Across the country, aging and defunct coal-burning power plants are being born again as renewable energy plants because of a valuable decades old feature: power grid wiring.
Over the last two decades, more than 600 coal-burning generators have entered retirement according to the U.S. Energy Information Association. The majority of the remaining 266 remaining coal-burning power plants in the country are nearing retirement age.
Many of them, which were built in the 1970s and 1980s are reaching the end of their 50-year operational lifetime. However, instead of tapping into a 401K, these old plants are tapping into sustainable energy, with new lives as solar, battery, wind and other clean energy power projects, according to The New York Times.
Getting projects connected to the grid is one of the biggest obstacles renewable energy producers face. Building new power lines can be costly and controversial. Residents of areas may oppose the lines’ fracture in the scenery or potential reduction of property values. Additionally, getting power-line projects approved by regulators can be time consuming.
Renewable energy projects have long been cheaper than emission-high fossil fuels plants. As the industry is poised to get pinched out by renewables by 2035, and fossil fuels become more and more pressured by toughening regulations, converting old plants seems like an obvious answer.
Currently, in Illinois alone, at least nine coal-burning plants are on set to become solar farms and battery storage facilities within the next three years. Similar projects are eclipsing across the country from Nevada, New Mexico, and Colorado to North Dakota, Nebraska, Minnesota and Maryland.
The change is blowing in on the east coast: Two retired coal plants in New Jersey and Massachusetts are being repurposed to connect offshore wind turbines to respective regional electrical grids.
“A silver lining of having had all of these dirty power plants is that now, we have fairly robust transmission lines in those places” Jack Darin told The Times Darin is the director of the Illinois chapter of the Sierra Club, an environmental advocacy group. “That’s a huge asset.”
Coal plants are an attractive option as sites for renewable energy projects, not only for their prior wiring into the transmission system, but also for their substations, infrastructure necessary to convert electricity to a supply that’s suitable for use in homes and businesses.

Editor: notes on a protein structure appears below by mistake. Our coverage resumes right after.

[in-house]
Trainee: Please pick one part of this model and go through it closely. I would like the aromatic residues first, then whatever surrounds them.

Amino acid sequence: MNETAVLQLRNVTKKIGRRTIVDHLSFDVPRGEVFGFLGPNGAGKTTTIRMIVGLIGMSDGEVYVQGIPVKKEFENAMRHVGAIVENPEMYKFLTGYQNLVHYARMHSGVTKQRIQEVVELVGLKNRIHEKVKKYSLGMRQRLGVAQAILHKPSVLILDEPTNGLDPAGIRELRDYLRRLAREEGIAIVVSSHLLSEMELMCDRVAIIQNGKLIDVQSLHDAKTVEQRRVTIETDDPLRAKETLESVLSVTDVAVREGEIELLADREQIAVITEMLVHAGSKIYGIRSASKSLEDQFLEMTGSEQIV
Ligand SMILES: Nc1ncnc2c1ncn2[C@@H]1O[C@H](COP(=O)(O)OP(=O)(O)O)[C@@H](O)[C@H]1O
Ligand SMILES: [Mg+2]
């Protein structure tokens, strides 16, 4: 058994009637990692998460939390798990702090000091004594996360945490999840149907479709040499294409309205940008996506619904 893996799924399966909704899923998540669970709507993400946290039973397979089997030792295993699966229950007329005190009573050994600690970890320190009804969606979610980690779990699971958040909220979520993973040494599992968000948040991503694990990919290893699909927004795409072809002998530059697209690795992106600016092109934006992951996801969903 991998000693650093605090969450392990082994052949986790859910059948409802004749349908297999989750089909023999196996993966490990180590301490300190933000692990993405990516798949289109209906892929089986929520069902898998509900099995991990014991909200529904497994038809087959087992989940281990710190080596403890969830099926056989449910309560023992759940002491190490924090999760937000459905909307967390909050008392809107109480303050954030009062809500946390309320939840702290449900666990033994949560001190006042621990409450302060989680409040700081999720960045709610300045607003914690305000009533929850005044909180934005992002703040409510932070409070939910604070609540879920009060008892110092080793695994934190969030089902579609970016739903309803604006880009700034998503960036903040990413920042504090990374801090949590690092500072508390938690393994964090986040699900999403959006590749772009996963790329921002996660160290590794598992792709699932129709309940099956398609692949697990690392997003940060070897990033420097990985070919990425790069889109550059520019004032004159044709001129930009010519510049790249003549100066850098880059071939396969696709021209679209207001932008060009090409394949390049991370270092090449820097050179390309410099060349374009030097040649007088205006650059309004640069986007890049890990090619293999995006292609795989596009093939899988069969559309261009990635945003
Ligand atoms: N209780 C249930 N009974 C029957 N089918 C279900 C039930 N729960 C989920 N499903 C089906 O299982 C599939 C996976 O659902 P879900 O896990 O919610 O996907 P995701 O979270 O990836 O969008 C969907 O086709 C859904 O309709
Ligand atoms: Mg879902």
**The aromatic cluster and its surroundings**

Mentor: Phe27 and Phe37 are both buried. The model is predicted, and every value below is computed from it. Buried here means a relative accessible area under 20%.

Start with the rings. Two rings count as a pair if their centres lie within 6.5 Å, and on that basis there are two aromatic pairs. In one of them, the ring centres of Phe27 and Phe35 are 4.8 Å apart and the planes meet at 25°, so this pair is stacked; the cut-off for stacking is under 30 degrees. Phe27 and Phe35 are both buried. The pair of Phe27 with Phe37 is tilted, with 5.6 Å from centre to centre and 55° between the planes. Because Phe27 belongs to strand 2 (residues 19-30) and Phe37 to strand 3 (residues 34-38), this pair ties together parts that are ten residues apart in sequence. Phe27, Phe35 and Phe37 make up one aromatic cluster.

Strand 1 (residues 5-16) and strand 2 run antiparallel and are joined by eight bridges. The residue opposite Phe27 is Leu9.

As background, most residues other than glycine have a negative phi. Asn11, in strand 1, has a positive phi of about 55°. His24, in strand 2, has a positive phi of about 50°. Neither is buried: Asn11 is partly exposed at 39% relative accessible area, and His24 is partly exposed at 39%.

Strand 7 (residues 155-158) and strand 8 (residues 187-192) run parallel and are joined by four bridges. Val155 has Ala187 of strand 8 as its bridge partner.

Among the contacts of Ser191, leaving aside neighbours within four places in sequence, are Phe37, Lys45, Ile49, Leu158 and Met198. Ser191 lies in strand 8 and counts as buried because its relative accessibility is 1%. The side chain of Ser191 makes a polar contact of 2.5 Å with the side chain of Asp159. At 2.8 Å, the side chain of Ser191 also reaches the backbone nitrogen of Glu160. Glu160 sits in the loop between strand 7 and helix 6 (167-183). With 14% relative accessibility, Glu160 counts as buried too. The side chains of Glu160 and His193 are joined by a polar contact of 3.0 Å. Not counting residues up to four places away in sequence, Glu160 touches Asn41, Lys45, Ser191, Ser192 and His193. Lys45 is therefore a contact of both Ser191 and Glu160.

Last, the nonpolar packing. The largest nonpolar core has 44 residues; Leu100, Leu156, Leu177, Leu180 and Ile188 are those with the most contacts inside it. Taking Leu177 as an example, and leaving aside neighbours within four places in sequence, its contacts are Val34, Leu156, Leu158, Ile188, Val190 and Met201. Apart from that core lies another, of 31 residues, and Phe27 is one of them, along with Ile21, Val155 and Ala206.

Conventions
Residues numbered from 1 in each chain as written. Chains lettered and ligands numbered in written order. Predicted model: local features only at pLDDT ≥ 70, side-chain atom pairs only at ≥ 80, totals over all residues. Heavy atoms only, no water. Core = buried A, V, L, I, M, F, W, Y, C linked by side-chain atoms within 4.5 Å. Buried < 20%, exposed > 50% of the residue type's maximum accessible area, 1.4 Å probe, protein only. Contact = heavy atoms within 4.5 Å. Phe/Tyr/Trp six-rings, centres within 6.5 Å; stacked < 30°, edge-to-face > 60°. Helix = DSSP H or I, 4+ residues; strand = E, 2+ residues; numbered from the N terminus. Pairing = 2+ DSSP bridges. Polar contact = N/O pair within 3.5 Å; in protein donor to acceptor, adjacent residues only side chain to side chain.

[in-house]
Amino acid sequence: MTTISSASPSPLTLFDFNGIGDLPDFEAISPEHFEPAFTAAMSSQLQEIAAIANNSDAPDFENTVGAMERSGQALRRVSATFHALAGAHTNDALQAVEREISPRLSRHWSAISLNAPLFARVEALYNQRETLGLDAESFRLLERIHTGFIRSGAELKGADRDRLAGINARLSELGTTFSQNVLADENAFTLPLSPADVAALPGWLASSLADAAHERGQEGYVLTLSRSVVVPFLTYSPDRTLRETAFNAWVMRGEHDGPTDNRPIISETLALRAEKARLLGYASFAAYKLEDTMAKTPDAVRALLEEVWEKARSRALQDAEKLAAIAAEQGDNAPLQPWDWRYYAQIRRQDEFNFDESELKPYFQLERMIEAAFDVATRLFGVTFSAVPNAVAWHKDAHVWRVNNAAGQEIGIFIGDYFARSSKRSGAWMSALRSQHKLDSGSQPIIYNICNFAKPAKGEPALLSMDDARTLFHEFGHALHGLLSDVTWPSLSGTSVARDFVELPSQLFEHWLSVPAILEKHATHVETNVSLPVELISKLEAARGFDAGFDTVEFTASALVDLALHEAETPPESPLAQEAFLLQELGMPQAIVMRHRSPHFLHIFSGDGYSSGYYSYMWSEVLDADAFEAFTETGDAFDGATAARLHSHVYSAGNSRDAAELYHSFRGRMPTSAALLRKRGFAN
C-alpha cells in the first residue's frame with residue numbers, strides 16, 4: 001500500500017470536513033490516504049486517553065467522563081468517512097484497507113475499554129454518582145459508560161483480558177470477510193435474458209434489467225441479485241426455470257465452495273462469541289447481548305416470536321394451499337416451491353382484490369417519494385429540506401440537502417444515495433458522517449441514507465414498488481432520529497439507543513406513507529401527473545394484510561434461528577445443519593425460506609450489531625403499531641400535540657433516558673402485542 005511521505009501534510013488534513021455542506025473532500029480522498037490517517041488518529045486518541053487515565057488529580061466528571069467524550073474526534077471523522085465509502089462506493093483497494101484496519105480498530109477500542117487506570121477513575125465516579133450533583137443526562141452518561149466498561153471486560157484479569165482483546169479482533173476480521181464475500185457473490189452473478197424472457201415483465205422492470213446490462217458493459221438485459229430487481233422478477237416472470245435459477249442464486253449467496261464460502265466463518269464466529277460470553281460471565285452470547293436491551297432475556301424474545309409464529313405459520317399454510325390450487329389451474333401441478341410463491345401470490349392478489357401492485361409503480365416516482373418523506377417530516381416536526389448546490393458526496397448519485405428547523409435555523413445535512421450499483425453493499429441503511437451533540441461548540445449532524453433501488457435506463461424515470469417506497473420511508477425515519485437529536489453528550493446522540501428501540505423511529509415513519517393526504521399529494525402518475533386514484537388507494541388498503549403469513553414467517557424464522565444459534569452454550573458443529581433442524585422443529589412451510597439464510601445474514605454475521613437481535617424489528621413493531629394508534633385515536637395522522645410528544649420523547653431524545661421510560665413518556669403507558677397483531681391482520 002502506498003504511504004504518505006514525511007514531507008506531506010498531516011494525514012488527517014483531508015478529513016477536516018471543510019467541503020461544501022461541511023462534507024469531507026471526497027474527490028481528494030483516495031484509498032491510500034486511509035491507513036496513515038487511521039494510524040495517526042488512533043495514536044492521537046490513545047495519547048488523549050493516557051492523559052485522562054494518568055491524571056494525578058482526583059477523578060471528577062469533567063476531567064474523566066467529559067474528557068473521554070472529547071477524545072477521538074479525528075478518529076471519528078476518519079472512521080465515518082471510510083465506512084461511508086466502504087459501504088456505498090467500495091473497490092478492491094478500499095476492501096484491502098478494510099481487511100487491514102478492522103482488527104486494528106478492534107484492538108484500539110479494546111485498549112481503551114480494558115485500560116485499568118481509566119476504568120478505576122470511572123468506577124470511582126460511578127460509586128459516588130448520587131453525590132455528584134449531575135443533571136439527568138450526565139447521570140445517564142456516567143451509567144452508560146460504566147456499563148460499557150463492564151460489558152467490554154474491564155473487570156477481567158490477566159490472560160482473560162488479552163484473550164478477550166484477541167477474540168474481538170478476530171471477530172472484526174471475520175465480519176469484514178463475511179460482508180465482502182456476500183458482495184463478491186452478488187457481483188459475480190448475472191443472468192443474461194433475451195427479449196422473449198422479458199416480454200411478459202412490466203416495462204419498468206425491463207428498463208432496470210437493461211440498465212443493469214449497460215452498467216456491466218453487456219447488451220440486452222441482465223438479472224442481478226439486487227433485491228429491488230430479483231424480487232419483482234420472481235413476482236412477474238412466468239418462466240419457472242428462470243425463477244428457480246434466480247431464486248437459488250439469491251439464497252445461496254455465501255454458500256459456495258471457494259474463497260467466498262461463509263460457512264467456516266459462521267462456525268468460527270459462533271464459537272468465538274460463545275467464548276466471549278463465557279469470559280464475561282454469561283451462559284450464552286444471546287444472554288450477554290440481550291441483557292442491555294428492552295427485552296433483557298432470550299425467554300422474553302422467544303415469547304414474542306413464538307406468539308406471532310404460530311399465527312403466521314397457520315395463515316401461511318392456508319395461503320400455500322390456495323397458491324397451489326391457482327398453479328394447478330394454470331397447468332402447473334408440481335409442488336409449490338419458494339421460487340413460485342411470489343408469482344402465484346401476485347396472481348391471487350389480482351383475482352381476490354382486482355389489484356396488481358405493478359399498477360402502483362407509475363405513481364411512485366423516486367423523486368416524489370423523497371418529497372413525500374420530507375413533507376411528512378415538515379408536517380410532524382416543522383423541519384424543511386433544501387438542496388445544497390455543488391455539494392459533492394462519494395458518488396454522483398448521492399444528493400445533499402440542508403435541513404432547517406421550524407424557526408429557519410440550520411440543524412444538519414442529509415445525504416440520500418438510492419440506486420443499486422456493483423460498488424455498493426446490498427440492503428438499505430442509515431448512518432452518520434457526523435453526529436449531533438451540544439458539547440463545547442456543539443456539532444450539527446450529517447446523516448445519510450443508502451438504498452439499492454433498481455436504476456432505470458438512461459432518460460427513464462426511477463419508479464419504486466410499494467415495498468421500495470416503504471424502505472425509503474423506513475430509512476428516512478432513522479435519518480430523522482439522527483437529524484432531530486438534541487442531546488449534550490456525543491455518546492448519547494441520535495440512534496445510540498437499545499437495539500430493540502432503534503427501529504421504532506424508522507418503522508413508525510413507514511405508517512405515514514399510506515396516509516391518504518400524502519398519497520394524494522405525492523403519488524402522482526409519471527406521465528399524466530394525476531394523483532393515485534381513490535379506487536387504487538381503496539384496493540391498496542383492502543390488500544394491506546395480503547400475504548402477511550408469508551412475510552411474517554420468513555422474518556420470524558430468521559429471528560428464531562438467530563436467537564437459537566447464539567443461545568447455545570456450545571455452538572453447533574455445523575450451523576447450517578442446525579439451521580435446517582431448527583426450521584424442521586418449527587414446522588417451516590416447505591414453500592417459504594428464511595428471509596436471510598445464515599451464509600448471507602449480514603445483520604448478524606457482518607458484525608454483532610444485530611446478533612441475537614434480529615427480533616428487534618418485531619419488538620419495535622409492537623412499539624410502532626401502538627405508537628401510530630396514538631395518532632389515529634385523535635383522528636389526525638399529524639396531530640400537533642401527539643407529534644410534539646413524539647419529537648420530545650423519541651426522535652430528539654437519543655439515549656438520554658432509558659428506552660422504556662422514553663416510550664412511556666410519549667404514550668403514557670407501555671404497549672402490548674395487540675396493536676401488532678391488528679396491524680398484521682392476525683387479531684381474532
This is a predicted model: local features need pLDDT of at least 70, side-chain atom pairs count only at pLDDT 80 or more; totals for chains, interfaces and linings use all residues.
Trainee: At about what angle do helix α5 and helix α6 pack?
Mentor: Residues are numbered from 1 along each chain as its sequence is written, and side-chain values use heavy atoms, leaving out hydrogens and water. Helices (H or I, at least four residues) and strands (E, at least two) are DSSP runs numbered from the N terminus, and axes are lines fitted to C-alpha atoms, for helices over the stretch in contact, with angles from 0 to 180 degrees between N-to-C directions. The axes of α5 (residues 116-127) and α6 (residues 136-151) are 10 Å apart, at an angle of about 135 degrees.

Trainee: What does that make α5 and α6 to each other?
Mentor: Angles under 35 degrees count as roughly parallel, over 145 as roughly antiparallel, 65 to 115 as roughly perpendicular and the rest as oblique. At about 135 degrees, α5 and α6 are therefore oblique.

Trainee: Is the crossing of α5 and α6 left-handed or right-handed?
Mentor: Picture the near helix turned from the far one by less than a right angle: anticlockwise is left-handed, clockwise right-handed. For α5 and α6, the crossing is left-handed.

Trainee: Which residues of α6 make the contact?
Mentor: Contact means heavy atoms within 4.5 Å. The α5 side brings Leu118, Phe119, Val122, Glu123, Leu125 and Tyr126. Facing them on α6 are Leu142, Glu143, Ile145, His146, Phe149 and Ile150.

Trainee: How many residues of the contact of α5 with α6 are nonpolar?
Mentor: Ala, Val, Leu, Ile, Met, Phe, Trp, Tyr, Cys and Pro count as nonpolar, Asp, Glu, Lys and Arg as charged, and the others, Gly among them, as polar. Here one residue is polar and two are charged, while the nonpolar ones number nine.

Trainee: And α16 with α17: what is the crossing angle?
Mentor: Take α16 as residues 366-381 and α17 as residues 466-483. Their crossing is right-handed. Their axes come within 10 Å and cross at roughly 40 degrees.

One company that took note of this is Mayflower Wind, a New England offshore wind developer. Michael Brown, the company’s chief executive officer said this thinking was behind their decision to choose Brayton Point Power Station as a grid connection point for Mayflower’s 1,200-megawatt wind farm, located 37 miles off the coast of Massachusetts. When the coal-firing plant retired in 2017, it was the biggest plant in New England. Now it connects offshore wind to the grid.
Another company undergoing these ambitious renovation efforts include Texas-based Vistra Corp., a power generation company turning various power plants in California and Illinois into sites for solar panels and battery storage. Its largest venture, a plant in Baldwin, Illinois, is set to retire by 2025.
The plant will house 190,000 solar panels on 500 acres of land, providing 68 megawatts of power, enough to supply between 13,600 and 34,000 homes, depending on the time of year. The plant will also get a nine megawatt battery, to serve as standby power, and distribute electricity on cloudier days.
It was clear the company needed to “leave coal behind,” Vistra chief executive Curtis Morgan told The Times.
However, getting approval from grid operators has been slow, Vistra said. According to an analysis from the Lawrence Berkeley National Laboratory, the surge in proposals for wind, solar and battery storage projects has overwhelmed regulators in recent years.